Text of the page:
THE ENCHANTER

Starweek - - Star Interview -

His films and af­fairs were am­ple fod­der for ru­mour mills in tinsel town but this prince charm­ing pre­ferred to fo­cus on his ca­reer. As he sits for an in­ter­view, his charm and tall frame com­pli­ments his wit. With a high-pro­file movie in the pipe­line, Rana Dag­gu­bati is on a spree to cap­ture hearts in Bol­ly­wood. Shra­van Shah de­codes.

After hav­ing a suc­cess­ful ca­reer in movies down South, you are back yet again with Baby and your role seems quite promis­ing. Can you tell us some­thing about it?

Baby is a very re­al­is­tic ac­tion thriller and I por­tray the role of Jai Singh Rathod who is a weapon and hand com­bat ex­pert. My team and I are on an un­der­cover op­er­a­tion. He leads a very se­cre­tive life. He comes when the job is to be done post which he dis­ap­pears. In the film I en­ter at a cru­cial time. The per­for­mances and ac­tion scenes are shot very re­al­is­ti­cally.

You are be­ing di­rected by the very tal­ented Neeraj Pandey and are shar­ing screen space with vet­er­ans from the in­dus­try. How has the jour­ney been?

I shared most of the screen space in the film with Ak­shay Kumar and Anu­pam Kher. Both of them are su­per tal­ented ac­tors and fine hu­man be­ings. Most of the scenes of the film we shot were in Abu Dhabi where all three of us were stuck in a dessert and didn’t have any­thing to do (laughs). It was a huge learn­ing ex­pe­ri­ence and I took back a lot from both of th­ese vet­er­ans as well as Neeraj (Pandey). He is a su­perb film­maker to work with. He is somebody who is very clear and fo­cuses in the style of cin­ema he makes and con­tin­ues to do so. I’m re­ally look­ing for­ward to work on more projects with him.

You had a very suc­cess­ful ca­reer as an en­tre­pre­neur. What made you take up act­ing? Is it be­cause of the fam­ily lin­eage of pro­duc­ers and ac­tors?

Well, I sold my company and didn’t have a job, so I got into act­ing (laughs). I grew up in films and as an en­tre­pre­neur, I used to work in films. Soon I started get­ting of­fers and thus from a visual ef­fects su­per­vi­sor, I be­came an ac­tor. Maybe years later I’ll be some­thing else, but I’ll al­ways or­bit around films. This is my world.

Apart from Baby you have Bahubali re­leas­ing this year. It has been an­tic­i­pated since 2013.

We shot for 281 days, and when peo­ple ask me what have you been do­ing since three years I say that I have been do­ing a sin­gle film which is not out yet (laughs). I can surely prom­ise that Bahubali is the largest and big­gest visual spec­ta­cle ever seen in In­dian cin­ema. It is a fic­tional war tale which has never been made be­fore. The beauty of this film is that we are re-writ­ing the his­tory which was never there, a time which never ex­isted. We shot the cli­max of part one, which is a war scene for 120 days. A lot of ef­forts and hard work has gone be­hind the film. A lot of ‘be­hind the scenes’ and ‘look videos’ are out from which the au­di­ence can have a fair idea of what Bahubali is all about.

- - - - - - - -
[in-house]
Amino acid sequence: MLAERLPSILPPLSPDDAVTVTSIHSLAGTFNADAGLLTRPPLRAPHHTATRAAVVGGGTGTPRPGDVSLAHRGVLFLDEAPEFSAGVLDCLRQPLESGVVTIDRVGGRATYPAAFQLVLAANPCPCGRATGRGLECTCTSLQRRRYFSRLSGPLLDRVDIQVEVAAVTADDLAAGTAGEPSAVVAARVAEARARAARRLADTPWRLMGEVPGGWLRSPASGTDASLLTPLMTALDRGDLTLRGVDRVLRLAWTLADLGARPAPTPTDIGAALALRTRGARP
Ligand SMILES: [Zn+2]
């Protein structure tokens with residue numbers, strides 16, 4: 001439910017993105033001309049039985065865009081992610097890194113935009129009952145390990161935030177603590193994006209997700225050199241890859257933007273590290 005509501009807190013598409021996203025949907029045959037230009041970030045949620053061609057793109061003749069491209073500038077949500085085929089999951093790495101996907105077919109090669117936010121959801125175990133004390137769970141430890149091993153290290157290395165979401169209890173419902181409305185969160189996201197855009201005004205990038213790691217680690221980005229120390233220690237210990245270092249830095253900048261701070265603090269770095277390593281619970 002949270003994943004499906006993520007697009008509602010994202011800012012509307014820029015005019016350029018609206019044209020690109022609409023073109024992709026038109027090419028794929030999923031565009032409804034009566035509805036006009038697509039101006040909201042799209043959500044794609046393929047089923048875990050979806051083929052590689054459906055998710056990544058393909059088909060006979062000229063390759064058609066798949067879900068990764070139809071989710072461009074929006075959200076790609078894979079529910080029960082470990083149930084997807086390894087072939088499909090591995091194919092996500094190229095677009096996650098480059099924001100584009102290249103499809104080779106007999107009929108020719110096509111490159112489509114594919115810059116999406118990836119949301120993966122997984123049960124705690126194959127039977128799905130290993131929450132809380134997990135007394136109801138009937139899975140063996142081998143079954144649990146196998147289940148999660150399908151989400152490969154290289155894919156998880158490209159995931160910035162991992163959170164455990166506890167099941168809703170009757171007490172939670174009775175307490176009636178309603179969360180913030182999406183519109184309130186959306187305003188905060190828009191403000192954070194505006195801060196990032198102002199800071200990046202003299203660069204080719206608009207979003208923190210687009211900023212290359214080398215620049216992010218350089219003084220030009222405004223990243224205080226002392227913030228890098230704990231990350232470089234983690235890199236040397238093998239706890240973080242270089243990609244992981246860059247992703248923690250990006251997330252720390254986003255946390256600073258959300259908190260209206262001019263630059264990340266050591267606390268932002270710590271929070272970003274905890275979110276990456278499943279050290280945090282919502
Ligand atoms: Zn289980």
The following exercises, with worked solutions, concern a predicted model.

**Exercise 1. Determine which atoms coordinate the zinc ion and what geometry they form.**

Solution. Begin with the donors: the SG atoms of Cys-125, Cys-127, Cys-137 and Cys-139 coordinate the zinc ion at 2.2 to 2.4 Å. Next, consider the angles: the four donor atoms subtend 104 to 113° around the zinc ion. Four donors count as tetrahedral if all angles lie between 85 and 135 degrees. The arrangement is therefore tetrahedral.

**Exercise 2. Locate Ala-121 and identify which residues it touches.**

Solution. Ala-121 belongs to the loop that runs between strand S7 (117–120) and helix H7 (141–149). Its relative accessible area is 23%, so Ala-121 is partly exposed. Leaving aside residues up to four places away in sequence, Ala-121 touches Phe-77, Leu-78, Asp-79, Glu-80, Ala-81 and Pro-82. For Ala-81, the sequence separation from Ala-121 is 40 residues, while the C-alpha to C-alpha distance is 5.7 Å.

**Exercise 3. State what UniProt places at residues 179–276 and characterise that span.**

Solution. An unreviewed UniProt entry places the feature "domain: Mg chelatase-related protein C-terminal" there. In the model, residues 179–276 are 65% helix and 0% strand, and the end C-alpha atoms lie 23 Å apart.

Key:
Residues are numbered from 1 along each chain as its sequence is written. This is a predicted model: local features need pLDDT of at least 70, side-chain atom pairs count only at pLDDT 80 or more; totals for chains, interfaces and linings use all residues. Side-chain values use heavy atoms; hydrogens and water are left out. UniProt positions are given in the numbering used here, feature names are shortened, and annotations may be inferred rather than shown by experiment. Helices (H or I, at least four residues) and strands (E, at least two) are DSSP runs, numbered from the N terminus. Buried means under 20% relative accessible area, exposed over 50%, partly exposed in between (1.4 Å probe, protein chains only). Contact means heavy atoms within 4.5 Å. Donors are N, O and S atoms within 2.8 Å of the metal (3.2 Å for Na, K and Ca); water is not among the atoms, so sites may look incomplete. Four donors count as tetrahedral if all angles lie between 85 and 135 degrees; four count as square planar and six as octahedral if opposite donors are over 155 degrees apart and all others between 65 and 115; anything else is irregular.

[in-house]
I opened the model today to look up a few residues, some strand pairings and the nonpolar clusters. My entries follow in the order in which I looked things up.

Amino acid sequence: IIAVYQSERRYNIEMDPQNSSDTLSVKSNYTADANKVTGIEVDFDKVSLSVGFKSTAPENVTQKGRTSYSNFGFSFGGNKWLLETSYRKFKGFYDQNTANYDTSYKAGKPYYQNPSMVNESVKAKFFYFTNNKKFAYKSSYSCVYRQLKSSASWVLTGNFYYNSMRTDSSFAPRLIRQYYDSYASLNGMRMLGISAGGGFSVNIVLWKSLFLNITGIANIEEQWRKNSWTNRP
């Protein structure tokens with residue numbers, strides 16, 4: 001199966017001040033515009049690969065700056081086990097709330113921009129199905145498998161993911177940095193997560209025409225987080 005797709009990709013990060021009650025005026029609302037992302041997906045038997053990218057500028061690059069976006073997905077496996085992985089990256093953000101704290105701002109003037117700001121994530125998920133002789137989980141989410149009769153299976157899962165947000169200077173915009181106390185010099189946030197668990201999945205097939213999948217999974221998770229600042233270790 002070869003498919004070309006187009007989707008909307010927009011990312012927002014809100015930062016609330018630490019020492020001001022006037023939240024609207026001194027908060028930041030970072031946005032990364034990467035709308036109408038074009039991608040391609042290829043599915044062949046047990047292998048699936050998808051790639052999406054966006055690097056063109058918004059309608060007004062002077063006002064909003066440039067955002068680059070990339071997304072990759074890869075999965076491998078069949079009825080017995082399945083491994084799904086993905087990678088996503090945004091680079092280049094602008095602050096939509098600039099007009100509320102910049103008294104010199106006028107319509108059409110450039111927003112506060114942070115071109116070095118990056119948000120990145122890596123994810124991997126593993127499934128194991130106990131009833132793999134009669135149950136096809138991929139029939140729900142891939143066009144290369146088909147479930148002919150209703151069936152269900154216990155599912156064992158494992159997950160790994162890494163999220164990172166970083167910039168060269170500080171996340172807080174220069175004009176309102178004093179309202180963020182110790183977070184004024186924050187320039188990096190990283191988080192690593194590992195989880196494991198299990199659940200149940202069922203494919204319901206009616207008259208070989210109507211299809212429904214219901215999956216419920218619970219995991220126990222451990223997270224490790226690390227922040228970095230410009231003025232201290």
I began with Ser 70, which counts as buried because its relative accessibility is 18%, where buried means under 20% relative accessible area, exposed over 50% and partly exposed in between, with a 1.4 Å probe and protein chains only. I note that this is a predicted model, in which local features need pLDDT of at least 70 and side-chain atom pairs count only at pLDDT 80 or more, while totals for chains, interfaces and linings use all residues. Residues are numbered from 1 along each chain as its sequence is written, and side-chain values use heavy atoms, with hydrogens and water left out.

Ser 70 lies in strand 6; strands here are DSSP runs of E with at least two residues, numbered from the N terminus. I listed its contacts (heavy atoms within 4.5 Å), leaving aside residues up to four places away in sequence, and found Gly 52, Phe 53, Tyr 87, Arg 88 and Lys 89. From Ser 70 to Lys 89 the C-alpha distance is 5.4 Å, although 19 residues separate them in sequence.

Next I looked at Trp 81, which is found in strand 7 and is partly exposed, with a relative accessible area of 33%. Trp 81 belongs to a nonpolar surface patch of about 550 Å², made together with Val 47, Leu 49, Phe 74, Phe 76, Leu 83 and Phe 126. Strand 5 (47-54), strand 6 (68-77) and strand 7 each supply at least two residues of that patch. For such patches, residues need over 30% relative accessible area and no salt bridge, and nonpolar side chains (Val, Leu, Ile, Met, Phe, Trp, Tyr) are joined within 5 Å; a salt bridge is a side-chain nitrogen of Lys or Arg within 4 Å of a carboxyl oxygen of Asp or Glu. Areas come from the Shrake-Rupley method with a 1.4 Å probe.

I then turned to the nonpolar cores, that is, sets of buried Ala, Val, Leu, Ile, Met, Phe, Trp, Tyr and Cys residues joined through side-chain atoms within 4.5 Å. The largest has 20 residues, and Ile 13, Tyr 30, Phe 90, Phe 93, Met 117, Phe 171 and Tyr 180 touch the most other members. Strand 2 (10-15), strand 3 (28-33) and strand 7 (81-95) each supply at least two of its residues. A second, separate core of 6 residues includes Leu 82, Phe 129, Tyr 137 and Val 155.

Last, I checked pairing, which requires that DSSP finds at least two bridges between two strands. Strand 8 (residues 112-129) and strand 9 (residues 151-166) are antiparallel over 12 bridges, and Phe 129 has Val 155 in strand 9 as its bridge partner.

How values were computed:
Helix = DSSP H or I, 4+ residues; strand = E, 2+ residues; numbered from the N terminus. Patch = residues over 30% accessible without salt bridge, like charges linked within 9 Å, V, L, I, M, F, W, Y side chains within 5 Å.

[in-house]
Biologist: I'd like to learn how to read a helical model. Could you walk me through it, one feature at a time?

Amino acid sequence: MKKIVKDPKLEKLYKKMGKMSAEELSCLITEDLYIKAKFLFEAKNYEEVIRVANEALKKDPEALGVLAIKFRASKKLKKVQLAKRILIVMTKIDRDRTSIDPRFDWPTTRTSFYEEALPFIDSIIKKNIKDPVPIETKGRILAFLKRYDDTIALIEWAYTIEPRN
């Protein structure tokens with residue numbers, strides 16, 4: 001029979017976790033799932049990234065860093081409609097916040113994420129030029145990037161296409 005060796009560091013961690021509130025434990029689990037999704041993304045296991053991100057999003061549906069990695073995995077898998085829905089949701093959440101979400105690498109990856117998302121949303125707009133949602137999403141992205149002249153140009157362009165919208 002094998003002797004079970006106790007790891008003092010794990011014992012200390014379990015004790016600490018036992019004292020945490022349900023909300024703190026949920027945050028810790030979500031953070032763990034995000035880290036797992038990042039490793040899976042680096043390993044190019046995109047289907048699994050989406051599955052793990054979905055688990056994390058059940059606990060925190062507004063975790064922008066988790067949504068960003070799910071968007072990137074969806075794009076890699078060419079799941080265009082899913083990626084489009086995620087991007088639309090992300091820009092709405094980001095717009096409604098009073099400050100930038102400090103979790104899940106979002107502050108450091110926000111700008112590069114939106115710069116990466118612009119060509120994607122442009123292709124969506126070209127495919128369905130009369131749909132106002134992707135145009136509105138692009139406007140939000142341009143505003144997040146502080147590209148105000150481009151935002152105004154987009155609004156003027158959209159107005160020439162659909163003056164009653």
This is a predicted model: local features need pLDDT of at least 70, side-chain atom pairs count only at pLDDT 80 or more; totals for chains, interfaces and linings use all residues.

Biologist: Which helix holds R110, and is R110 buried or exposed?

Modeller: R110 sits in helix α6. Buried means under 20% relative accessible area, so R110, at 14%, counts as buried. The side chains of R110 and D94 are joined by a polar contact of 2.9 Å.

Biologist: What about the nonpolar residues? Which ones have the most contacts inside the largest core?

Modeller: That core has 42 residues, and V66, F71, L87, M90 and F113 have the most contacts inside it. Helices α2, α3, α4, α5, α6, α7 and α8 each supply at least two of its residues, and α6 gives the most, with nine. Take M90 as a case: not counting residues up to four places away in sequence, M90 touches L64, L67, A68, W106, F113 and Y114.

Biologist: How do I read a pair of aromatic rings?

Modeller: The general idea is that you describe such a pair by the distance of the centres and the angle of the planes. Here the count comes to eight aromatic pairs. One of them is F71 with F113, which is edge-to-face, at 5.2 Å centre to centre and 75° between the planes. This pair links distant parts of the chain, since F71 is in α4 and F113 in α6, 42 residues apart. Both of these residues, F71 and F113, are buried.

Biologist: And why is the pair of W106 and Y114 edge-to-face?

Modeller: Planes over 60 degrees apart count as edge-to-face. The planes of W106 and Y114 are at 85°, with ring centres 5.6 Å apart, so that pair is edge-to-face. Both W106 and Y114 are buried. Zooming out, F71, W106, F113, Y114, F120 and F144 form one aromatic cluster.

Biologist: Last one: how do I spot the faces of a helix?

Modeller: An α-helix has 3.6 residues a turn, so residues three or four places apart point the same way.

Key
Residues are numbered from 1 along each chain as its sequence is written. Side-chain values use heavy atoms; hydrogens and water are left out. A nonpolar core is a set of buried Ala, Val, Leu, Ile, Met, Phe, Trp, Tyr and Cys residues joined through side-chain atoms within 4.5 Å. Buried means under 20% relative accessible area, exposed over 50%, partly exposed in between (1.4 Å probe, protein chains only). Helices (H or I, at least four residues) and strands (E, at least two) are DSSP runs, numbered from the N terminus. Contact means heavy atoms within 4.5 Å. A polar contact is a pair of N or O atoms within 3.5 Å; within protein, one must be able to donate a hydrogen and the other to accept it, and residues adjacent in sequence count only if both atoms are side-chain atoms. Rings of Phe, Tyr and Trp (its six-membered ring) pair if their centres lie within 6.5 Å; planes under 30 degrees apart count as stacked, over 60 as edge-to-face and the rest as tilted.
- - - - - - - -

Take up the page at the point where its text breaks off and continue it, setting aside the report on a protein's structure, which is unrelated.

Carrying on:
So do we have Bahubali 2 as well?

Yes of course. Bahubali does have a se­quel but for that, you guys won’t have to wait so long. We have al­ready shoot 60 per cent of the lm and it will re­lease in 2016.

Mumbai has al­ways been wel­com­ing. Ev­ery time I am here, it is fun be­ing a part of this in­dus­try. I hardly know peo­ple here but they have al­ways been kind and sup­port­ive.

Since the start of your ca­reer, you had cre­ated a buzz in B-town with your act­ing chops and your ‘friend­ship’ with Bi­pasha Basu. Is ev­ery­thing okay now be­tween you two?

There was never a prob­lem be­tween Bi­pasha (Basu) and me. It was al­ways a prob­lem in the news­pa­pers. We were in a re­la­tion­ship in the me­dia and we broke up also in the me­dia. And ev­ery time I kept say­ing ev­ery­thing was ne be­tween us, no­body be­lieved me, so I have stopped say­ing it.

Now that you are three films old in Bol­ly­wood, are you adapt­ing to it? What has the trans­for­ma­tion been like?

“Bi­pasha and I were in a re­la­tion­ship in the me­dia and we broke up also in the me­dia.”

A lot of Bol­ly­wood direc­tors are remaking South­ern films. Why so? Are those films more orig­i­nal?

It has al­ways been the case and since quite a long time. It’s not only about Bol­ly­wood remaking south films, it’s also vice versa. A lot of Bol­ly­wood films have been re­made in the south. A story that is good will al­ways re­main good even if it is re­made in any lan­guage.

Very few know that you are a pho­tog­ra­pher as well as a visual ef­fects co­or­di­na­tor. What are you do­ing on that front now?

I haven’t been do­ing any­thing of late. I tried help­ing a friend who is a visual ef­fects su­per­vi­sor on a film and un­der­stood that I had for­got­ten a lot of things. Also it’s been four years since I have moved out from that pro­fes­sion and now there has been a mas­sive change in tech­nol­ogy, which I haven’t coped up with. When I was work­ing on Bahubali, I knew more than the other ac­tors and that re­ally got me ex­cited.

What are you fu­ture ven­tures for Bol­ly­wood?

I am work­ing on Bahubali 2; while in Bol­ly­wood I have signed a film ti­tle Nia for which the time­line is yet to be fixed. I am also do­ing a Telegu film. That’s it for the next year.

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